business trends. 




Organizations * 123 



Golden 
Legend 
Yearbook 



Circle K 



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Golden Legend staff: Mayalen Donahue, Christina Colbert, Greg Cason, Chris Coble, Lisa Nunnery, 
Timothy Rousselet, Jami McLaughlin, Christine Cunningham. Not pictured: Seppie Allan, Advisor. 




Circle K: (front) Deborah Cartwright, Antoinette Rahming, Brigitte Major, Lorna Dawson; (middle) 
Talmon Brice, Candice Corbett, Gillian Allen, Claudia Samy, Dixie Jones; (back) Glenda Norton, 
Wayde Cartwright, Rochelle Sands, Theresa Dozier, Marcia Dirks, Kevin Tryhane, Antoine Bastian, 
Ryan Rahming, Bill Huttig, Andrew Phillips, Ian Atkins. 




Henderson 

Hall 

Government 







H.H.G.: (front) Wayde Cartwright, Lisa Gaudette, Rob Rotolo, Ron Reisner; (back) Frank Wynne, 
Keith Lister, Gavin Wehby, Jim Testa, Alan Hughes. 




Campus 
Court 



Campus Court: (front) Laura Laberge, Sarah Edwards, Alicia Haziak, Dr. Nancy Gunter, Zenith 
Taylor; (back) Christine Cunningham, Dr. James Horgan, George Clarke, David Thompson, John 
Minardi, Christine Baaden. 



Organizations * 125 



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Karate 
Club 




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Karate Club: Char Hedges, Verna Garcia, Vaughnda Hilton, Laura Lyn. 



Delta 

Epsilon 

Sigma 

National 

Honor 

Society 




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AEX (front) Suzanne Ragan, Teresa Doborovolsky, Kim Wright, Nina Lochridge, Karen Manzi, 
Helena Carter, Greg Cason, Maryellen Burke, Isla Kucera, Jami McLaughlin; (back) Candi Leverett, 
Keith Slupski, Kelly Logan, Deborah Cartwright, Marva Burrows, Mary Beth McBurney, Vaughnda 
Hilton, Sue Rogers, Kay Crisler, Doug Latino, Angie Kraemer, Kevin Sawyer, Colleen Clancy, Mary 
Ogonowski, Darrell Lamoureux, Gillian Allen, Natalie Rudravajhala, David Alley, Christine 
Cunningham, Danielle Girardi, Michael McDonnell, Karen Citarella, Joe Bina, Terry Johns, Scott 
Woodward, Connie McKotch, Luz Muvdi, Dr. J.E. Woodard, Alice Furney 



126 * Organizations 




Judicial 
Board 



J-Board: (front) Rebecca Wiegand, Karen Citarella, Suzanne Bertels, Toni Restaino, Catherine Dion; 
(back) Aubrey Rudd, Doug Latino, Michael Zellars, Fred Sayin. 



New members stand with 

lighted candles during 

the AEI fall induction 

banquet. 




Organizations * 127 



Junior 

Class 

Officers 



Psychology 
Club 




Jr. Class Officers: Ken White, Suzanne Bertels, Karen Citarella, Mary Ogonowski, Rebecca 
Wiegand, Sally Desilva. 




Psychology Club: (front) Kim Cassar, Cindy Litzow, Marian Ahalt, Desiree Kelleher, Naira Linda 
Scheper, Sonia Butler, Maria Martin, Kay Crisler, Teresa Dobrovolsky; (back) Dr. Richard Bryan, 
Sharon Lawson, Flavea Jones, Erica Smith, Deborah Cartwright, Laverne Liburd, Beth Maitland, 
LeAnn Calderone, Jamie Flemming, Gail Fulton. 



128 * Organizations 




6 



Residence 



Hall 
Association 



R.H.A.: Scott Anderson, Toni Restaino, John Canalizo,, Lisa Gaudette, Bill Huttig, Lajean Gribsby. 




College 

Union 

Board 



C.U.B.: (front) Tim Wise, Robert Manning, Candice Corbett, Steve Lleida, Mark Kubacki; (back) 
Patrick Hannigan, Danielle Gerardi, Aubrey Rudd. 



Organizations * 129 



Reserve 
Officers' 
Training 
Corps 




R.O.T.C.: (front) Robert Bannon, Jackie Clark, John Ruffing; (middle) Perla Garcia, Michael Onjack,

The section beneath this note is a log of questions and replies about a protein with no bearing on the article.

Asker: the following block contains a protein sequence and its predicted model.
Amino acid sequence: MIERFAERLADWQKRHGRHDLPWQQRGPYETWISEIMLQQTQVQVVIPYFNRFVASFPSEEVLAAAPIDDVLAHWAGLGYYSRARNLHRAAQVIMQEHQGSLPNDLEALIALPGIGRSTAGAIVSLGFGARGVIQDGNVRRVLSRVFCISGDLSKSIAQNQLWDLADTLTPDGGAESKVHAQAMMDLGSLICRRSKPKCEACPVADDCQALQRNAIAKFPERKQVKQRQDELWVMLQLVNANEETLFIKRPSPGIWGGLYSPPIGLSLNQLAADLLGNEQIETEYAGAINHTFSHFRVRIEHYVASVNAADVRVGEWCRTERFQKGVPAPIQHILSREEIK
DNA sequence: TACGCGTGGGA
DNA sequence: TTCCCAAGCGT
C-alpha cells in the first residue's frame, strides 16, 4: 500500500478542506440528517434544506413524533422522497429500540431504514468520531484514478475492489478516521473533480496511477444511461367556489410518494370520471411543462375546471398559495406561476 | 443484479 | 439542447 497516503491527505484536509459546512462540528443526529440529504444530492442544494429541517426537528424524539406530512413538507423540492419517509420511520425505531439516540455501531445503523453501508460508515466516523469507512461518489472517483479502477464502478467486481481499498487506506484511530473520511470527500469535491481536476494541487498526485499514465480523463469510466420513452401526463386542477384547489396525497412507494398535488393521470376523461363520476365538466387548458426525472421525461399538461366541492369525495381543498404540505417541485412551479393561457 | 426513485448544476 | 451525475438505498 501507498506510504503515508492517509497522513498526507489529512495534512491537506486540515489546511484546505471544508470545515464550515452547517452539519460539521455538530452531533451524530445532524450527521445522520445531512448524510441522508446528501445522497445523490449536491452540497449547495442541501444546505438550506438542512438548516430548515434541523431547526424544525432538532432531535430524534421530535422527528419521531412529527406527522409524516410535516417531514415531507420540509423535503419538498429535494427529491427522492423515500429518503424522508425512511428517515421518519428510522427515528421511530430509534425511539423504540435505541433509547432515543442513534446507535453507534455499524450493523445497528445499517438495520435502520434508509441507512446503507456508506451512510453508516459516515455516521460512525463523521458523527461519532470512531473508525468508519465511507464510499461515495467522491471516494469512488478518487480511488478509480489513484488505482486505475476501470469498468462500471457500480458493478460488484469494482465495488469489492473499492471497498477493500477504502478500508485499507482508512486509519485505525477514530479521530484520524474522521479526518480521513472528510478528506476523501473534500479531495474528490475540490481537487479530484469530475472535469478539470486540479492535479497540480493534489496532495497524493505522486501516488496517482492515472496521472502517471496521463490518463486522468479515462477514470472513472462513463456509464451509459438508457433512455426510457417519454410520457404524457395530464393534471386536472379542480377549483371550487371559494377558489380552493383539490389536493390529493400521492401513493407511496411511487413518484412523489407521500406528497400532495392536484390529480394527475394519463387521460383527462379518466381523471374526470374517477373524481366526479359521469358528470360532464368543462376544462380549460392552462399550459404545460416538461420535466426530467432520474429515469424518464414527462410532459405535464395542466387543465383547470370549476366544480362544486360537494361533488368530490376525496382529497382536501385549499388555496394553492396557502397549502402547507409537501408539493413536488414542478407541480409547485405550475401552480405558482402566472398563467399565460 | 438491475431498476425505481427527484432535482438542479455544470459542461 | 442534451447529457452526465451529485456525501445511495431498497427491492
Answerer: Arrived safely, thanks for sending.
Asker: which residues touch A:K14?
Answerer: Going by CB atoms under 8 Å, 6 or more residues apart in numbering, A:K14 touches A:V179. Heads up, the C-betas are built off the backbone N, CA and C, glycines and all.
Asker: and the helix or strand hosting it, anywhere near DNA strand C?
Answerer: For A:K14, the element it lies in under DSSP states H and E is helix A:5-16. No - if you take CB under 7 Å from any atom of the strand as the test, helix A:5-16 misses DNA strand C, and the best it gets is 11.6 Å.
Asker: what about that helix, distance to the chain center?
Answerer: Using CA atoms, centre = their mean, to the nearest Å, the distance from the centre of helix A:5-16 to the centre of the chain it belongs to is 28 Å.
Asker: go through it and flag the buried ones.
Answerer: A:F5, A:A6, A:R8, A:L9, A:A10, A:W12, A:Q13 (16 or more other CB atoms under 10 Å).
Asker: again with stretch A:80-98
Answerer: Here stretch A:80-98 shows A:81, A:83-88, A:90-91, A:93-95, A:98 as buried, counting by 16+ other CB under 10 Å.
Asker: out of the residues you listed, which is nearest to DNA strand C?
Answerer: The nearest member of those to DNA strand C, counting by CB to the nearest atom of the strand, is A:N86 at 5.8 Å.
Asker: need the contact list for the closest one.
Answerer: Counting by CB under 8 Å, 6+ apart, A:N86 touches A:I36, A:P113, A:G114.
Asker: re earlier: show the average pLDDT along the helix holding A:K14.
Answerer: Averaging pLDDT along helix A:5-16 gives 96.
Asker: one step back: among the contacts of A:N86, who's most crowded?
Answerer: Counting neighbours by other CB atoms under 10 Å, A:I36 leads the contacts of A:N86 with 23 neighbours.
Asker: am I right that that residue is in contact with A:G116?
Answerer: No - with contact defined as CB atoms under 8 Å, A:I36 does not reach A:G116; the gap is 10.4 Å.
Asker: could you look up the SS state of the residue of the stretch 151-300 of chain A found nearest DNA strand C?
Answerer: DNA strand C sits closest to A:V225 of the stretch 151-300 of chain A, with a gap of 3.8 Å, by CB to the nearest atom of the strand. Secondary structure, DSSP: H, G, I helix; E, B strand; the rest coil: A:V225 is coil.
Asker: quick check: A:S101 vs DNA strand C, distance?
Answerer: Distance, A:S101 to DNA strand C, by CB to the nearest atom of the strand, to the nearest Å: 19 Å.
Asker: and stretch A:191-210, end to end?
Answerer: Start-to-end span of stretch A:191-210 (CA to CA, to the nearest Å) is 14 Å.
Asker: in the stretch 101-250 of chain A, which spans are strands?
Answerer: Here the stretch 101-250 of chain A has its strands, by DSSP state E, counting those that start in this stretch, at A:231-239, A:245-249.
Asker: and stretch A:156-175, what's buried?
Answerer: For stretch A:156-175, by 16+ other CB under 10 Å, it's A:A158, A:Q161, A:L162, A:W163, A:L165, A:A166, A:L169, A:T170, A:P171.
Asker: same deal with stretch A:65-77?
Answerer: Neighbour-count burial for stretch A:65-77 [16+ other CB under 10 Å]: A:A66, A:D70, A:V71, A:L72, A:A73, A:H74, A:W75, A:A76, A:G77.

Donald Graham, Frank Wynne, Chris Thomas, Henry Weber, Lynette Gurney, Brian Gonsalves, James 
Hollingsworth; (back) Brian Darsey, Aubrey Rudd, Patrick Hannigan, SFC Fred Ridgewell, Tim Rush, 
Richard Buoye, David Dukes, Christopher Karamitsos, Kathy Goldbach, Maj. Steve Davidson, James 
Miller. 




■ 



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130 * Organizations 






Top: The cadets practice field maneuvers. 
Bottom: During the Homecoming half-time, 

cadets demonstrate the many sides of a 
military education. 
Major Davidson watches maneuvers. 
Life in the Leo jungle is rough! 



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Built upon the creative ener- 
gies of each member, an or- 
ganization provides the com- 
munity with a wealth of ser- 
vice-oriented projects. 
Top: Caught up in the festivi- 
ties, students enjoy C.U.B. 
Day. 

A member of C.U.B. "lets 
loose" during a volleyball 
match. 

Pat Gallagher barefoots into 
C.U.B. Day. 

Sherry-Ann Evans dances 
for the prize during the 
SLISA Talent Show. 
A crowd assembles to begin 
"the feast" during S.G.A. 
Day. 

A SLISA member provides 
entertainment during S.G.A. 
Day. 



Organizations * 133 



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Top: ROTC cadets keep a 
visible profile on the cam- 
pus. 

Bottom: A student is given an 
opportunity to learn wind- 
surfing during SGA Day. 
Dornalyn Brooks practices 
for International Night. 




134 * Organizations 




Keith "Twisted" Lister enter- 
tains during CUB Day. 
Members of the Sigma Phi 
Epsilon fraternity rise early 
to prepare for the Scandina- 
vian festival. 

Members of Circle K wrap 
Christmas presents for 
needy children. 
Junior Class officers; Rebec- 
ca Weigand and Ken White at 
the Festival. 



° 



COUNCIL 




Front Row: Kelly Hazinski, Regina Fitzgerald Middle Row: Tracy Stern, Karen Confrancesco, Mary Quintel, Mary 
Ogonowski, Patty Hasseltine Back Row: Juli Merry, Priscilla Gast Kowski, Colleen Clancy, Laura Donovan, Alicia Hasiak, 
Tricia Mulkerin, Paige Christie, Carmen Vanden Howbergh, Laura Pasquini, Cathy Tierney, Nancy McClellen, Sheila 
Speth. 




136 






Front Row: Ronnele Peters, Helene 
Colon, Suzanne Bertels, Karen Citarella 
Phedra Gardiner, Jeanette DeCamp, 
Colleen Dieterle. Back Row: Lisa 
Zaccagnini, Susie Yinger, Maria 
Rodilosso, Suzanne Githers, Eileen